- Frank J. Leavitt, Ph.D.,
Faculty of Health Sciences, Ben Gurion University of the Negev, P.O.B. 653, 84105 Beer-Sheva, Israel
In a world where we are taught to define the meaning of life in terms of material pleasures and achievements and the acquisition of high-tech toys, it is not surprising that people who can no longer enjoy these things will find life no longer worth living. Movements for active euthanasia and physician assisted suicide have swept the West. And now Dr. Tharien has called our attention to the rise of this movement in India (1).
We should not be so presumptuous as to think that we know the meaning of our lives. We may be here for purposes for which we are not aware. For this reason there really can be no "informed consent" to end one's life because we have no way to become informed of the implications of dying or what will happen to us after we leave this life. So Tharien is right to discuss God's purposes from a Christian point of view. His views ought to be examined by bioethicists of other faiths as well as secular and strictly scientific bioethicists.
Tharien accepts the concept of "cerebral death". But really this concept is not well-defined. In the years since the U.S. President's Commission's 1981 attempt to define death (references in (2)) studies of patients clinically declared "brain dead" have revealed that numbers of them "maintain hypothalamic-endocrine function", "maintain cerebral electrical activity", "retain evidence of environmental responsiveness" and "retain central nervous system activity in the form of spinal reflexes" (3).
Some authors have proposed that we no longer wait for total brain death or for "brain stem death" but that we declare a patient dead upon "irreversible cessation of conscious functioning". (2, 3) But such a decision in arbitrary and has no more justification than the view of some important Israeli rabbis who do not agree with the Chief Rabbinate's acceptance of brain death, and suggest continuing to regard "brain dead" patients as alive so long as the heart is beating (4). This raises serious questions for heart, lung and liver transplants.
Tharien correctly emphasizes love, which should be the response to patient depression rather than even considering euthanasia. It should be added that one of the best ways to show love, when non-pharmaceutical methods fail, is by giving anti-depressant drugs. Not enough physicians are aware that antidepressants can be effective even when the depression is an understandable reaction to some life event (5). A patient's request for euthanasia may also be because of pain, and physicians may be insufficiently aware of proper use of narcotic analgesics (6-8). And there are many gradations between acceding to a patient's refusal of treatment letting him die, and imposing coercive treatment. Sometimes a patient will refuse treatment because he wants a second opinion from another physician, or prefers complementary medicine, or chooses to rely on faith and prayer. Often such decisions ought to be respected. But when the patient's refusal is clearly and dangerously wrong it does not follow that forceful treatment is in order. The love of which Dr. Tharien has written may be the better way to bring the patient around. And if love can reduce somewhat the need for drugs against pain and depression, what a blessing this will be!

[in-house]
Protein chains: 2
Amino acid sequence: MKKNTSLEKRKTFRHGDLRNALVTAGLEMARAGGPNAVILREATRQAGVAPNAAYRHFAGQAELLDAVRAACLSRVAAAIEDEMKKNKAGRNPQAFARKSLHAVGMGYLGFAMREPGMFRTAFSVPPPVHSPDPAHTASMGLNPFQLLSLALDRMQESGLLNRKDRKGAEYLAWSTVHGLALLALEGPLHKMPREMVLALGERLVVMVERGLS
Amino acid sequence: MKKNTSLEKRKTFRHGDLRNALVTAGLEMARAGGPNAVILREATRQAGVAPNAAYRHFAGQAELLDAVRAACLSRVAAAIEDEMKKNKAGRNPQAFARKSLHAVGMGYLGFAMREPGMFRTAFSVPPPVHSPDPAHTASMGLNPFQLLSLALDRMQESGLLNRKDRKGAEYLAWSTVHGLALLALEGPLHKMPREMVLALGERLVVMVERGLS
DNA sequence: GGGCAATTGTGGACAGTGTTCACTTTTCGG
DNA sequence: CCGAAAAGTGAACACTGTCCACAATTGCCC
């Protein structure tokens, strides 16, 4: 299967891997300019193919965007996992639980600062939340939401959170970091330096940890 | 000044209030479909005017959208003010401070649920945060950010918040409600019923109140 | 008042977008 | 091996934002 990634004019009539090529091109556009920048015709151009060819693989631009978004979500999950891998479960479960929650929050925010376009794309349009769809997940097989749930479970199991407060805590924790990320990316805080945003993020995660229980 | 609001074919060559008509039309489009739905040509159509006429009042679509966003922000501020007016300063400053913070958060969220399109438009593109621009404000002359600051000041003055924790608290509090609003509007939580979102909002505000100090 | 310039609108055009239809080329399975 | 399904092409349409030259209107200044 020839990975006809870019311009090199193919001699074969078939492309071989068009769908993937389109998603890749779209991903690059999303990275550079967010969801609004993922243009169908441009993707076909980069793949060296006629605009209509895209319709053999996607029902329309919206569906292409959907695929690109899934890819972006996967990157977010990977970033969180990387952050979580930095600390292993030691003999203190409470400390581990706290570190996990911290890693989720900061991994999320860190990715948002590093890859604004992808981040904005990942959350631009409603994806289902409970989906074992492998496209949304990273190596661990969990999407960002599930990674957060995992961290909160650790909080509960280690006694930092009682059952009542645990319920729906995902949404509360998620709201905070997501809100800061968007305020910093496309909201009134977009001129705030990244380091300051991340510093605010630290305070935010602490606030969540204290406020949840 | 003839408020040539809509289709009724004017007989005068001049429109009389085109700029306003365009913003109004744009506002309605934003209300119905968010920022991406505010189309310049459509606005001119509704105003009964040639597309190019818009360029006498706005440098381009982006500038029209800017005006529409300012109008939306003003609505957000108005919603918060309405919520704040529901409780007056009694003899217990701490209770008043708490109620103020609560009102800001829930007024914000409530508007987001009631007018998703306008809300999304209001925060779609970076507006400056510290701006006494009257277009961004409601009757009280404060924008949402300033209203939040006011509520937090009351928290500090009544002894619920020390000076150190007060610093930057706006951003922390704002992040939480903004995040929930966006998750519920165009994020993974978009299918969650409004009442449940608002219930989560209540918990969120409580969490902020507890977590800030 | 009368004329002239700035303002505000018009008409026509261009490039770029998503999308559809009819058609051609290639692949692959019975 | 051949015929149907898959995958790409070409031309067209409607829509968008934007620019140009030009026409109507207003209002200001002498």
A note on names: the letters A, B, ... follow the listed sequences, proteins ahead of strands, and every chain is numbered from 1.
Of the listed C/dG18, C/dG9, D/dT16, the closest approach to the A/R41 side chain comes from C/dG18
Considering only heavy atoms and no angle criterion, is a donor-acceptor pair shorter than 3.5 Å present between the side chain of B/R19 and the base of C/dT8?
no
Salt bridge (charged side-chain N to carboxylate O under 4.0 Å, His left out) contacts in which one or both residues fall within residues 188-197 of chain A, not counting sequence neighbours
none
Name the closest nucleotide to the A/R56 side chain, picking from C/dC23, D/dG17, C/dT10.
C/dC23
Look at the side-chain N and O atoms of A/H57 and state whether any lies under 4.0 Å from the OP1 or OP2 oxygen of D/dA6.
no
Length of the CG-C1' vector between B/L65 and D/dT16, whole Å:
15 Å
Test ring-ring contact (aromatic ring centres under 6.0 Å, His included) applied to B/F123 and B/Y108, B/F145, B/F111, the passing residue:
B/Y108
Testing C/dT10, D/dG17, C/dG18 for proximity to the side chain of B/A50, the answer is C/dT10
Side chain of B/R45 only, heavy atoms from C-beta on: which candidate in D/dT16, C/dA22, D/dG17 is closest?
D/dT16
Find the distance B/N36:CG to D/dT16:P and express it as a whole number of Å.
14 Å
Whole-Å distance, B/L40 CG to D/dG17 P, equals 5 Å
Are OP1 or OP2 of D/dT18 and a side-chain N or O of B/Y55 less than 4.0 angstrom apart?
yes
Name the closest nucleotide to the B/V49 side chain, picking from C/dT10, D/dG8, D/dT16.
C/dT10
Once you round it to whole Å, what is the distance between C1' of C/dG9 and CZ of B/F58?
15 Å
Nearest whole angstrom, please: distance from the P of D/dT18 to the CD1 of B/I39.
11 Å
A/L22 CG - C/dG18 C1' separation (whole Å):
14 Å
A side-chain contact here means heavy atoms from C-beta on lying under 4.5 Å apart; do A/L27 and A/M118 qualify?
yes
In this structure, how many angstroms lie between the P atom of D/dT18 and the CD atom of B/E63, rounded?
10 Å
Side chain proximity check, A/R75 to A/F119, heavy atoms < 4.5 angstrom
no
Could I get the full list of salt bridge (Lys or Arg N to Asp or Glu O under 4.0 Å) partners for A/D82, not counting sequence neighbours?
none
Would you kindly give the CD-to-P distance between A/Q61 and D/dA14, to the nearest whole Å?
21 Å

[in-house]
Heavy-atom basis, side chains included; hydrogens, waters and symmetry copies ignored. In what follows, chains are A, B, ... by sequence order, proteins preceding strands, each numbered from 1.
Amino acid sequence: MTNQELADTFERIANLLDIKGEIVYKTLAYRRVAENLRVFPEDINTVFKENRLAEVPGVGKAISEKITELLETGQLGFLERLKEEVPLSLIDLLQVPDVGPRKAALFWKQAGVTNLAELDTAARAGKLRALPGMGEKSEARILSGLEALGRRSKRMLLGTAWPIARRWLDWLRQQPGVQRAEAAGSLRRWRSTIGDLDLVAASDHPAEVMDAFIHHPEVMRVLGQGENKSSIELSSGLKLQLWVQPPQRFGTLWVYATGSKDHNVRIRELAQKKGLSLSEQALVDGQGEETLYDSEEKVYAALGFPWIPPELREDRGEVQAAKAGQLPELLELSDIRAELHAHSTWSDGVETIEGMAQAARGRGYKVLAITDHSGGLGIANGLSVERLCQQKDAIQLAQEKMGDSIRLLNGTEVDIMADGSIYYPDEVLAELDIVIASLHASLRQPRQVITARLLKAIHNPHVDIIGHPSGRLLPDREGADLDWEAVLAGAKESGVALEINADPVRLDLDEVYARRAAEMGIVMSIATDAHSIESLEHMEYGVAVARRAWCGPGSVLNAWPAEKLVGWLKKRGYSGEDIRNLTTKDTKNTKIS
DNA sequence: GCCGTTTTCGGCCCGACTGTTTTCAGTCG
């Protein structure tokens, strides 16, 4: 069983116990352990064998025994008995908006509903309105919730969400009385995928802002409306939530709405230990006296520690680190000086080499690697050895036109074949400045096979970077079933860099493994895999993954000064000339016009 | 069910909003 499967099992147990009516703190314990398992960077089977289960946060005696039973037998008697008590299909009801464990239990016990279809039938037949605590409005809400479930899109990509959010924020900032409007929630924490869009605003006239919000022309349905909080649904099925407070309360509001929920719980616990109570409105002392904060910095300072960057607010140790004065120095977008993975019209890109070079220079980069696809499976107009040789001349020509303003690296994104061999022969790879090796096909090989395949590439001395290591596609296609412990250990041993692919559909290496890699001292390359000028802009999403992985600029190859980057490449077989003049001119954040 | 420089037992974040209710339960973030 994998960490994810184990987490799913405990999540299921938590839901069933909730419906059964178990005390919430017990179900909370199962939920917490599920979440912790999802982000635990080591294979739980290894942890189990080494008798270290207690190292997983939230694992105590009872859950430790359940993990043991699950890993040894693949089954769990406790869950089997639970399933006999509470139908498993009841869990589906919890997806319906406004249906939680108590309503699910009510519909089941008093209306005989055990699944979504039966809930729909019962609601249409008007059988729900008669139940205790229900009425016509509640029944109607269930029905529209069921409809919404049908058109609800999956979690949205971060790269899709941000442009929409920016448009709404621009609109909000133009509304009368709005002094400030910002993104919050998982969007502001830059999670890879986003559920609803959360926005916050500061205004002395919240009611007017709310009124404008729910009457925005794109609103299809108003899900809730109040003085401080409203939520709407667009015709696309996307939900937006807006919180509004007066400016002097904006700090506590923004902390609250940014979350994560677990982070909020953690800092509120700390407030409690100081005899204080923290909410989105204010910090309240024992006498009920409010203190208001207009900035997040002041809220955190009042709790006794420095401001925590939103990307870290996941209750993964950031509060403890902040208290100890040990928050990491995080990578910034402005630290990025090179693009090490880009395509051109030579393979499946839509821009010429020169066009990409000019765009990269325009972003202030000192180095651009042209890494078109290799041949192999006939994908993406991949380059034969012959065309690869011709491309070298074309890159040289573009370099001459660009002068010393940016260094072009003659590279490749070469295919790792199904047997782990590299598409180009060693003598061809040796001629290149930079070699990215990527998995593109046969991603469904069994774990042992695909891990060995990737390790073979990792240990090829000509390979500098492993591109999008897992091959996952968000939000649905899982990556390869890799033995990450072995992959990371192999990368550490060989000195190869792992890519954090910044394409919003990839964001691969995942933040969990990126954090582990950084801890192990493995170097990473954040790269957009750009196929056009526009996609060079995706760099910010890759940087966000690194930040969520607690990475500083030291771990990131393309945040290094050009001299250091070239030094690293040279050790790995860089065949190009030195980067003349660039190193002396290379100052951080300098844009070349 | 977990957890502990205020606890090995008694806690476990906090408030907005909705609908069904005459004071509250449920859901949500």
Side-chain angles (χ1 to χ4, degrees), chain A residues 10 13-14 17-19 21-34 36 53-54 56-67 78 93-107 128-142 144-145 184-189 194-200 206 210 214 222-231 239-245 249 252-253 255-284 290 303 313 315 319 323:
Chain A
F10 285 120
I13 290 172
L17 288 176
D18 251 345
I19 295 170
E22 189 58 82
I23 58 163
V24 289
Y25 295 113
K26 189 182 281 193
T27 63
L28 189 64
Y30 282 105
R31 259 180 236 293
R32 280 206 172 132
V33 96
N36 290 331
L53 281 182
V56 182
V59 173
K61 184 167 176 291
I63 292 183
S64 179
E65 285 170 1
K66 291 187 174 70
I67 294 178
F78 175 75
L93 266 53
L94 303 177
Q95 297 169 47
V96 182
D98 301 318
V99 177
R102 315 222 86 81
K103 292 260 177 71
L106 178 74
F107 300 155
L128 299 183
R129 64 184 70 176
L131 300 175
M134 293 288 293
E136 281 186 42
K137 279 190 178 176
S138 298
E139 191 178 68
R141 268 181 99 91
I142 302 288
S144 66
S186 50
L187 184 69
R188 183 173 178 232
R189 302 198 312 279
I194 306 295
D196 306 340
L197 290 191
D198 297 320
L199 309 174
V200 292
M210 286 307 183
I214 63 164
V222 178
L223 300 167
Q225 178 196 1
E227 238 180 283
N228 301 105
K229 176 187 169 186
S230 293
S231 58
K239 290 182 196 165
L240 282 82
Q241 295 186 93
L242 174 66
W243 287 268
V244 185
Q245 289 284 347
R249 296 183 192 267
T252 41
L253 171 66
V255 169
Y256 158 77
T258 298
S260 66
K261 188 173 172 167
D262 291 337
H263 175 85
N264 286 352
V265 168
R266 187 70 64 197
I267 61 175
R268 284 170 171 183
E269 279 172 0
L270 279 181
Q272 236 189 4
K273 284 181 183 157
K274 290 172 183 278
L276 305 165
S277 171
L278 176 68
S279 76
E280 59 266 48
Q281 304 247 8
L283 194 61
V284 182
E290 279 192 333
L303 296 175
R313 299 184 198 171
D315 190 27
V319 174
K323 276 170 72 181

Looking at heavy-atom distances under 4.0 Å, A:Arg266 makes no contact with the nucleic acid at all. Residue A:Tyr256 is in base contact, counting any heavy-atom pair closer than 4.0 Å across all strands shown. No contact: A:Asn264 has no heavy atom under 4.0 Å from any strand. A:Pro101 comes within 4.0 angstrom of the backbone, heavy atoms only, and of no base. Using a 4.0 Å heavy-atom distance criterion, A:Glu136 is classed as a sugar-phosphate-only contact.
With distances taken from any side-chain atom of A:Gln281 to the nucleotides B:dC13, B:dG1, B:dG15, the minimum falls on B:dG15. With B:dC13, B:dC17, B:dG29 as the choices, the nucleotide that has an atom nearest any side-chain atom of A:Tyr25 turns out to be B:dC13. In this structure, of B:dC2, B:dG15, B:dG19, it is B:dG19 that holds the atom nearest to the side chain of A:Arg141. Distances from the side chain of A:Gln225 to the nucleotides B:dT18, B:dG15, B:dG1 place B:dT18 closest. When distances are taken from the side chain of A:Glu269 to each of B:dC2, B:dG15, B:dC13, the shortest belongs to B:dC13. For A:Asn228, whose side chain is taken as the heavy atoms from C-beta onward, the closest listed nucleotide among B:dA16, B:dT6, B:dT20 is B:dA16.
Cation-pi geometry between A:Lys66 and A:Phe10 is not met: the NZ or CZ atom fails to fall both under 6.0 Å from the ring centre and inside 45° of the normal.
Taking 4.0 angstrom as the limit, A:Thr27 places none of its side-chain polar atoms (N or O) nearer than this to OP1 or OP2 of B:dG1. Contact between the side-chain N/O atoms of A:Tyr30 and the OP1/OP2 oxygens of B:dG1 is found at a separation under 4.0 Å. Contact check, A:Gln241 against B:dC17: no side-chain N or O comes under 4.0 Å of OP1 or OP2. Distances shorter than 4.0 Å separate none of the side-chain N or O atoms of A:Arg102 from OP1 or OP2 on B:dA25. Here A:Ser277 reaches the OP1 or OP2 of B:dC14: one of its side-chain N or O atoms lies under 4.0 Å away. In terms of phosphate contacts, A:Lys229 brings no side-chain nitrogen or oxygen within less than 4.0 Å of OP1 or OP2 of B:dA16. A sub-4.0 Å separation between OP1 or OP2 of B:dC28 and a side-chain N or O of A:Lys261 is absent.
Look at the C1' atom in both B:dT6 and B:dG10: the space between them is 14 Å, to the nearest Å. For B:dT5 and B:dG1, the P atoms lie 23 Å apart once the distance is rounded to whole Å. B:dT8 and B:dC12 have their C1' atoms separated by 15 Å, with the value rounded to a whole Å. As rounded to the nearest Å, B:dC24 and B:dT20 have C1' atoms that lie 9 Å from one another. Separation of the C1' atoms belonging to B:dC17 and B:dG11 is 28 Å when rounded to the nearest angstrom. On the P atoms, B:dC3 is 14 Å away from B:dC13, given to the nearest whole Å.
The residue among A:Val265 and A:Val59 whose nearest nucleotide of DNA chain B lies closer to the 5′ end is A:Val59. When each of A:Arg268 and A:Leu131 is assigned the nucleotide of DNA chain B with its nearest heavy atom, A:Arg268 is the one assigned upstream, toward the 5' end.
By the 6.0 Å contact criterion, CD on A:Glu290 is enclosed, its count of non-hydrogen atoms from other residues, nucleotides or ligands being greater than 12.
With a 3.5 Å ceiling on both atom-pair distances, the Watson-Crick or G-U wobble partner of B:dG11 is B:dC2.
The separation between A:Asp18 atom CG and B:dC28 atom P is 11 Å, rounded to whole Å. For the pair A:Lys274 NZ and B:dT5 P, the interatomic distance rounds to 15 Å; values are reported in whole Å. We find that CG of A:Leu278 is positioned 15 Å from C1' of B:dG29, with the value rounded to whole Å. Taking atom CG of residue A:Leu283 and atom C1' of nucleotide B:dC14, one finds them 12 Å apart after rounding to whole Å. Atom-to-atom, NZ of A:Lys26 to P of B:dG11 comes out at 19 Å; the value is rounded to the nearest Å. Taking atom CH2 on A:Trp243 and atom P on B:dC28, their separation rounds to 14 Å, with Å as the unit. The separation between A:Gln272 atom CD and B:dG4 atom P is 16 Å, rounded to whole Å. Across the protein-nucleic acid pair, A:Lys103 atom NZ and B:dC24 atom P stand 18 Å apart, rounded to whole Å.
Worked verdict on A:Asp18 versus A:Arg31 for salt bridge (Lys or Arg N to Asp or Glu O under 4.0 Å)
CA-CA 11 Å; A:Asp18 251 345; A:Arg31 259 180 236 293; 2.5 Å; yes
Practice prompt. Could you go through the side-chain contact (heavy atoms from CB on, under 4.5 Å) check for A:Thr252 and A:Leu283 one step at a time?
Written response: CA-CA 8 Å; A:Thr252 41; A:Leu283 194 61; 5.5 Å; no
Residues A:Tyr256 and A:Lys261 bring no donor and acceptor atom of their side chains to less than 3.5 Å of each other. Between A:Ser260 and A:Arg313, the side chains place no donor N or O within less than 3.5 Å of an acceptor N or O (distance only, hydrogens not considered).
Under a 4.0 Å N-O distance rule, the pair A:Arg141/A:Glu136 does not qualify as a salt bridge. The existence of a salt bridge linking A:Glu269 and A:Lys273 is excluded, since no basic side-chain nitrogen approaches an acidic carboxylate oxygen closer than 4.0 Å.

Tharien's Christian approach is extremely important. But I hope our journal doesn't become too heavily Jewish and Christian. Teaching the Buddhist meditative concept of life is another loving alternative to euthanasia (9). And I hope we shall be hearing more from bioethicists with Hindu, Shinto, Muslim, secular and other Asian approaches so that our journal will serve as forum for a truly pan-Asian multilogue.
(1) Tharien, A.K. "Euthanasia in India", EJAIB 1: 33-35.
(2) Halevy A., Brody B (1993) "Brain death: reconciling definitions, criteria and tests", Annals of Internal Medicine 119: 519-525.
(3) Truog R.D., Fackler J.C. (1992) "Rethinking brain death", Critical Care Medicine 20: 1705-1713.
(4) Aurbach S.Z. et al. (1994) "Brain death in halacha", Assia: Halacha and Medicine 14: 21-23 (In Hebrew).
(5) White P.D. (1994) "Clinical depression can be understandable and treatable", BMJ 309: 721.
(6) Marks R.M., Sachar E.J. (1973) "Undertreatment of medical in patients with narcotic analgesics", Annals of Internal Medicine 78: 173-181.
(7) Angell M. (1982) "The quality of mercy (Editorial)", NEJM 306: 98-99.
(8) Glick S.M. "The empathic physician: nature and nurture", pp. 85-102 in: Spiro H.M.et al. eds., Empathy and the Practice of Medicine (Yale University Press, New Haven and London, 1993).
(9) Ratanakul P. Bioethics (Bangkok, Mahidol University, 1986). (Appendix III: "The Buddhist concept of life, suffering and death and their meaning for health policy."